So today its all about “The Cry” from Helen Fitzgerald, a book that touched my heart and made me sob. Beautifully written and evocative, you can see my review shortly, but Helen kindly agreed to answer some questions for me and here is what she had to say.
Was the cry difficult to write from emotional point of view?
It was torture. I’ve never been inside someone’s head to this extent, and Joanna’s head was a bad place to be. I had to imagine I’d lost my child, that I believed it was my fault, and that the only person at my side was the wrong person, a bad person. I intended to write the whole novel from her point of view, but after 50 pages I realised I had to get out. So I introduced the ex-wife, and alternated between the two of them. I’m glad I did – a large theme in the story is about the relationship between two women who’ve been hurt by the same man.
How much, if at all, did real life stories of abduction influence the story?
I think we all grow up with one particular crime story. Mine was the Lindy Chamberlain case. While holidaying at Ayers Rock in 1980, a dingo took her baby from the tent while she and her husband were socialising with other campers. She was the first huge trial by media over there. It’s all anyone in Australia talked about for months, years even. And everyone thought she was guilty as hell. The courts agreed, only to discover her innocence after she’d done three years in prison.
The Cry is different – we know the parents are guilty very early on in the book, albeit by accident – but I drew on the trial by media of the Chamberlain case, and on the terrible tendency we have to accuse and crucify women who don’t fit our perception of the “good mother” and the likeable woman.
Did you always know how it was going to turn out?
Yes. I usually know the ending, even the last line, when I start writing. I think that’s what made it hard to write all the way to the end, because I knew I’d probably cry a lot.
Can you tell us anything about your next project?
I’m editing the next thriller with Faber, out Sept 2014. I remember visiting my grandmother when she was in Nazareth House in Melbourne. Whenever I visited she’d say “That nurse is trying to kill me.” I look back on it now and worry that I dismissed her panic as the ramblings of a woman with dementia, when the nurse could well have been trying to kill her. My next book is about an 82 year old with dementia (Rose) who believes something sinister is going on in her care home. Rose was a children’s author and illustrator, and draws pictures when she’s connected to remind her of what’s going on so she can alert people. Of course, no-one believes her… and there is something very sinister going on.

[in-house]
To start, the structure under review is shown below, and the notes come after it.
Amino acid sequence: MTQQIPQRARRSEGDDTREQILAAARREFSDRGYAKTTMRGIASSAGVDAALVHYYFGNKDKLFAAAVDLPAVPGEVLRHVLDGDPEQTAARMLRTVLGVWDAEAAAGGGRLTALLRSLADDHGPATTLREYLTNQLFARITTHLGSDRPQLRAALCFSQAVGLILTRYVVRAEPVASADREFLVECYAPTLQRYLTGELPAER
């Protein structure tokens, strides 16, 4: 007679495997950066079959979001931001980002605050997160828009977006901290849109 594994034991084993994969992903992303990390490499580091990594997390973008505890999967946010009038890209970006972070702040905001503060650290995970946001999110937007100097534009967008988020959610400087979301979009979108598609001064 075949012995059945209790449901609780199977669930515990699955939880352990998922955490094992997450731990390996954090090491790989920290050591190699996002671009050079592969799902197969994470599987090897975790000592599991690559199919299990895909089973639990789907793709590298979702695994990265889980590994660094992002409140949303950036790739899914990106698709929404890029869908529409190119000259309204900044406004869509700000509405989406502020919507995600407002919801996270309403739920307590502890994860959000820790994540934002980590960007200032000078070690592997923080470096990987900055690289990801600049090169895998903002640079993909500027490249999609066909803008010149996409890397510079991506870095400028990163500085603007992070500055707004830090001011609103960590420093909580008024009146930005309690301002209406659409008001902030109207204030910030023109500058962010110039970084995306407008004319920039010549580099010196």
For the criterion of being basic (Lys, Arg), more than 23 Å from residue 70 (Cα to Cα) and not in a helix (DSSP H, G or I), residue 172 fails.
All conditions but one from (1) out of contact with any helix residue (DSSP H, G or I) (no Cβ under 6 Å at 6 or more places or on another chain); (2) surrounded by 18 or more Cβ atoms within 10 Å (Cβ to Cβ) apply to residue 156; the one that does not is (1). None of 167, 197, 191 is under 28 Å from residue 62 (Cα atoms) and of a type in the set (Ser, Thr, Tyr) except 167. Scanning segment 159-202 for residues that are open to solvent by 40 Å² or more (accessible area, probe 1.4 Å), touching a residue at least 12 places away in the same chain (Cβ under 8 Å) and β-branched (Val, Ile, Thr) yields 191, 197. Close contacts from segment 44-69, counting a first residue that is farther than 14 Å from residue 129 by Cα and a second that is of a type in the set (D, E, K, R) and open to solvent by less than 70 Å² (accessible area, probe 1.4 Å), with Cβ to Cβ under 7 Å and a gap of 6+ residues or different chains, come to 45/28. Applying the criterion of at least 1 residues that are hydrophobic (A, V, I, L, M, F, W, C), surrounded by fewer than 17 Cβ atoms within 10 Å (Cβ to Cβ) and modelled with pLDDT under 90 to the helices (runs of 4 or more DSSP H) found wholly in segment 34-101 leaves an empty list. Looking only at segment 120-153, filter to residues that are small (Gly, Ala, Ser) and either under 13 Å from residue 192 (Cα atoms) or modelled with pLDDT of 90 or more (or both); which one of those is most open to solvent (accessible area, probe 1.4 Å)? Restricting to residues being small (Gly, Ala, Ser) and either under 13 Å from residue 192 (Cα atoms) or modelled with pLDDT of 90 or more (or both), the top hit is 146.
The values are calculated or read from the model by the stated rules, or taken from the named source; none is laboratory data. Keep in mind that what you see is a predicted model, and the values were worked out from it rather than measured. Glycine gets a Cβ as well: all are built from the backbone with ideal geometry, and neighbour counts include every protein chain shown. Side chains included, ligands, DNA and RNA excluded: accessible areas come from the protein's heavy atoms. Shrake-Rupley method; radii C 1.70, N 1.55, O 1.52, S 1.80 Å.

The top 3 authors you like to read currently?
Alissa Nutting (Tampa). Clare McGowan (The Lost), Karen Campbell (This is Where I am).
First thing, apart from loved ones and pets, you would rescue from a burning building.
Nothing. If my husband and kids are safe, I wouldn’t care about anything else at all. I’d just run very fast, making sure they’re ahead of me.
Thank you so much Helen.
Thank you kindly to Helen Fitzgerald and the Publisher for the advance copy of this novel.
Baby Noah goes missing from a roadside in Australia and the media attention is intense and extreme. Battling their loss and the attention, Noah’s parents Alistair and Joanna slowly start to fall apart. As the search heads ever closer to the truth of what happened to Noah, the blame game begins…
I’m not sure how best to describe “The Cry”. The blurb calls it a “psychological thriller” and yes I suppose it is in a way. But I have to say I read it more as a family drama – the characterisation is pure and oh so realistic and Ms Fitzgerald has used real life to great effect – we have all seen on the news many high profile missing children cases where first sympathy abounds then suspicion begins…and how social media can play such a huge role in the pressure put upon parents and the police in these situations. What she has done is put a human face on it – the public can’t see what goes on behind closed doors when the 24/7 news cycle goes mad but in this fictional story thats exactly what we get. Brilliantly done.
Timeslips are used to great effect – we see Joanna and Alistair’s journey with Noah from leaving Scotland, on various legs of the flight to Australia, at the same time hints and teasers about what is actually going on now. As the strands come together the whole picture emerges…in a fascinating way. There is no real attempt at hiding secrets here – although what you see may not always be what you get – its very much about the emotion behind the mask and how you can never know what really goes on in someone elses head. As Joanna heads further and further into what could almost be called insanity, you will feel for her…and for those around her.
Its an amazing book to be sure. I have read some fantastic books lately, this has been a terrific year for terrific novels – yet I sense that this is the one that will stay with me for a long time. Beautifully written, characters you will relate to and feel for and a story that could so easily be truth you should certainly not miss this one. Cry? Oh yes. Indeed I did.
Happy Reading Folks!
Find out more here: http://helenfitzgerald.wordpress.com/
You can follow Helen on Twitter here: https://twitter.com/FitzHelen
Happy Reading Folks!